This week, we decided to paddle downstream from our launch at Bible Camp Road and head toward the Santa Fe Sink, located at O’Leno State Park. The sink is where the Santa Fe River goes underground for just over three miles before emerging at River Rise. Access to the sink is blocked at the park, a half-mile upstream, however, the two-mile paddle to the park and back was quite an adventure!…James
The last time I paddled the Upper Santa Fe River and Olustee Creek was back in February ( You can read about that paddle here ). The trees were still bare but it was a great first visit to this section of the river. Today Florida Paddle Notes revisited the same route on what started out a beautiful sunny summer day and finished with a typical Florida thunderstorm. A very enjoyable paddle! …James
Juniper Creek, the 7-mile paddle from Juniper Springs Recreation Area to Juniper Wayside ( Hwy 19 ) is always a treat and considered one of the top 25 waterways to paddle in America. That is only a part of this 10-mile creek’s story. Much less talked about, is the second half of Juniper Creek that continues on, past Juniper Wayside and flows another 3 miles to Lake George!…James
North Fork Black Creek originates as an outflow from Kingsley Lake and flows north and then east through Camp Blanding and Jennings State Forest, meeting South Fork in Middleburg, Florida. North Fork Black Creek has Yellow Water Creek and Big Branch as its main tributaries. The confluence of North Fork Black Creek and South Fork Black Creek 1.25 miles east of Middleburg form the main channel of Black Creek.
Deep Creek is a 12-mile creek, originating in the low, agricultural land 6.5 miles southeast of Hastings, Fl. and flowing in a westerly, then northwest, direction, to the St. Johns River. The basic navigable portion of the creek is from the Hwy 207 bridge, just east of Hastings to the St. Johns River. According to the St. Johns River Guidebook, the creek is thought to have been given its name due to its 18 – 20′ depth and was popular with fishermen boating in from the St. Johns River…James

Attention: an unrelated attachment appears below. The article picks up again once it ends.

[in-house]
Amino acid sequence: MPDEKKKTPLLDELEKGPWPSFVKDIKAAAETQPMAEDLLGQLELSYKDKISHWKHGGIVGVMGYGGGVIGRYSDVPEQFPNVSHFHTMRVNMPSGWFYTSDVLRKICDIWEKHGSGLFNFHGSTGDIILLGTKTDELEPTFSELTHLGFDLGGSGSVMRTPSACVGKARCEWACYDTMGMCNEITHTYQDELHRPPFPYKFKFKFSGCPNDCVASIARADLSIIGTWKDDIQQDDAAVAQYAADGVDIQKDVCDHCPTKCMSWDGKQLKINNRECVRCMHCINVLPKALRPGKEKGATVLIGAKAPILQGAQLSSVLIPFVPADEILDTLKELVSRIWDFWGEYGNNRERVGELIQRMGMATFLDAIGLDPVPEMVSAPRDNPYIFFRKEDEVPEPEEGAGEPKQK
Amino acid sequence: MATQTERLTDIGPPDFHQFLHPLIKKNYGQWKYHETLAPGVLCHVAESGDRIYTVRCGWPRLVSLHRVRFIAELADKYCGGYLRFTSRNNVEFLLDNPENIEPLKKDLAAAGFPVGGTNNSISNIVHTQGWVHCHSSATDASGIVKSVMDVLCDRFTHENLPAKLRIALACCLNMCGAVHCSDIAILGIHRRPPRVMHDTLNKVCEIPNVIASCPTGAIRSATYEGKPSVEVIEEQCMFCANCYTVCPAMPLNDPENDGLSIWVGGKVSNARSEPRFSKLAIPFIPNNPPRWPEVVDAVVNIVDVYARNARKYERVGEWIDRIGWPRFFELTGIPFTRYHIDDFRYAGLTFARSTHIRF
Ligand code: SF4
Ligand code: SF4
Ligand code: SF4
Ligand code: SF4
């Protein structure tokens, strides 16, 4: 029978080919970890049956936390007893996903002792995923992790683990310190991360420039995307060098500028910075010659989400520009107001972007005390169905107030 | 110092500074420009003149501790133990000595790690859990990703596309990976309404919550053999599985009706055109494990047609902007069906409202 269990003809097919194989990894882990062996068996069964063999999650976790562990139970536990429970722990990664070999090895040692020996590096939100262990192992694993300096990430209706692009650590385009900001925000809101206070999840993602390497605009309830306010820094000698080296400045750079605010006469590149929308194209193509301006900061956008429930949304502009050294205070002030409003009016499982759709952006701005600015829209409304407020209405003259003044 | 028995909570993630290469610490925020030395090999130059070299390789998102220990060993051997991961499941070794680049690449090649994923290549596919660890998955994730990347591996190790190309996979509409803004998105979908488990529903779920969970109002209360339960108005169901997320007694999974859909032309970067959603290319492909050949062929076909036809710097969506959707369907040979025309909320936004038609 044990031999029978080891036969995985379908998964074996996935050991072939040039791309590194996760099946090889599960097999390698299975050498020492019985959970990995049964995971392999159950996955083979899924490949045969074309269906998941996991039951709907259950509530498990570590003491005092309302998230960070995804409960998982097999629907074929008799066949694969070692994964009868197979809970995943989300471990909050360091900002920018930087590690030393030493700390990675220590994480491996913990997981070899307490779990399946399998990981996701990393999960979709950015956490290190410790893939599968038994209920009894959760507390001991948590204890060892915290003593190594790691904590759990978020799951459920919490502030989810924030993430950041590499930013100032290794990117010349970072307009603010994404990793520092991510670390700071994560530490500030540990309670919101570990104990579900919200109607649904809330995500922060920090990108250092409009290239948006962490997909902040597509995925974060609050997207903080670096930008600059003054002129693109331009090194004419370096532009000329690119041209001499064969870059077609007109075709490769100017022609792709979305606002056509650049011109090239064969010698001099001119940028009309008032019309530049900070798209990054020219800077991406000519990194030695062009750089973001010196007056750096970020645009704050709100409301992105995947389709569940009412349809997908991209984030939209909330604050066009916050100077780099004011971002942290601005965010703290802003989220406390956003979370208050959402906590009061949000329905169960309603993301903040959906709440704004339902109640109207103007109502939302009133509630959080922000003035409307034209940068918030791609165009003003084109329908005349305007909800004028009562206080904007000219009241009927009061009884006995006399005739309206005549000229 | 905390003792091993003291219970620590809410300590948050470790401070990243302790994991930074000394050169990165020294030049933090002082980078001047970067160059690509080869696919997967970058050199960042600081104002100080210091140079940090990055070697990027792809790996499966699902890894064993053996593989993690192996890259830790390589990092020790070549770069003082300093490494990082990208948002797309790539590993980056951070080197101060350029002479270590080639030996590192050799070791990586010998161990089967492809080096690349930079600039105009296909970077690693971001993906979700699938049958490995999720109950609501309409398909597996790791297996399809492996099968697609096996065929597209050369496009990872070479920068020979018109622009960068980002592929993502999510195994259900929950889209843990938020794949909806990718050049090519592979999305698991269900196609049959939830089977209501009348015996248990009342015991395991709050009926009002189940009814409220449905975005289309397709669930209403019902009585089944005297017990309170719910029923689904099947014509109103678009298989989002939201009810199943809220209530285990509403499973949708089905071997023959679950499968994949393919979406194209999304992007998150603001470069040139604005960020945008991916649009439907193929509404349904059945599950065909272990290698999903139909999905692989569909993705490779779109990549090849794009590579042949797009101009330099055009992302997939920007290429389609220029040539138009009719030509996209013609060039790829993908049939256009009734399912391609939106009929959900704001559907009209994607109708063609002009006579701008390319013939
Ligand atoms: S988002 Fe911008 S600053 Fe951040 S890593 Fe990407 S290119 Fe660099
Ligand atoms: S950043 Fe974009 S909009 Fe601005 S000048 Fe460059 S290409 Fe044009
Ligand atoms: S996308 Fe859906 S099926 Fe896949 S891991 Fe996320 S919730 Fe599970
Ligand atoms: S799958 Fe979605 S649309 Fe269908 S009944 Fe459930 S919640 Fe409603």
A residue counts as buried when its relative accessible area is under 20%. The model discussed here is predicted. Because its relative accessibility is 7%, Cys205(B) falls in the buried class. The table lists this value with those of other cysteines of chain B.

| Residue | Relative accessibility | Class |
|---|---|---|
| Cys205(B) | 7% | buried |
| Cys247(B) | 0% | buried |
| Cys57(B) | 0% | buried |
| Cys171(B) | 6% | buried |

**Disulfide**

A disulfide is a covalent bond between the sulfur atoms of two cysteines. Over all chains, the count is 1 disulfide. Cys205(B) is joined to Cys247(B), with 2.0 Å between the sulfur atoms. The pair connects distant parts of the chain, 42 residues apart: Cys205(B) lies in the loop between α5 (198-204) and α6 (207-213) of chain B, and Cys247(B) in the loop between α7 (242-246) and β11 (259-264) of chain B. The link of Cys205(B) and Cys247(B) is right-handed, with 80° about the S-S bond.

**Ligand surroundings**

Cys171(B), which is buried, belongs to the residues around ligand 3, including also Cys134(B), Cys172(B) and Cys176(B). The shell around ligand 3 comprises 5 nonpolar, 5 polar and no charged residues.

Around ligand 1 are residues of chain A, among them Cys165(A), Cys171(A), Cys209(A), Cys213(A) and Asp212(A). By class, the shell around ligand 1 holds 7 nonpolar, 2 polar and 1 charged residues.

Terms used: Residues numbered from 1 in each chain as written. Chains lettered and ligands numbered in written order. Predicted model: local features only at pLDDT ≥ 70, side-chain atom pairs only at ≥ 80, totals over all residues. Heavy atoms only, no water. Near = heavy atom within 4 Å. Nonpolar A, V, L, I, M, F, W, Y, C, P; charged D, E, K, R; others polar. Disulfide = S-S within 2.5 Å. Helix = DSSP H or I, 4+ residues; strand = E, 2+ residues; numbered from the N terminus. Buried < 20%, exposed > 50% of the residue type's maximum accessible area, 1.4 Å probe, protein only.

Today we paddled close to home. One of the last remaining sections of the Ocklawaha River, that I have paddled but have yet to document. The entire Ocklawaha River – Bear Creek Loop, which begins at the Hwy 19 Bridge, goes East to the St Johns River, then back up Bear Creek, is about a 10-mile paddle. Today, however, we paddled a 6.5-mile loop, entering Bear Creek 3.5 miles down the Ocklawaha.
On the north shore of the Salt Springs basin is a wetland area known as Bear Swamp. Today’s side paddle takes us a 1/2 mile east of the launch at Salt Springs Marina and Landing. Here an unnamed tributary flows into Salt Springs Run…James
Today, despite a threat of rain, Donna and I headed on over to the Rainbow River expecting crowds and finding none! The weather was beautiful and we had a relaxing few hours, spending some time exploring beautiful Indian Creek and enjoying the paddle to the Rainbow head spring…James
Flagler County has opened the launch at Russell Landing in Haw Creek Preserve. My kayaking adventures have been quite a bit curtailed due to the Covid-19 virus, so we are being quite careful with our adventures for the time being. Today however, going solo, I decided to get a very early start and head over to Haw Creek. The weather was perfect and I felt getting an early start would have minimal other paddlers. I was not disappointed, I was all alone…James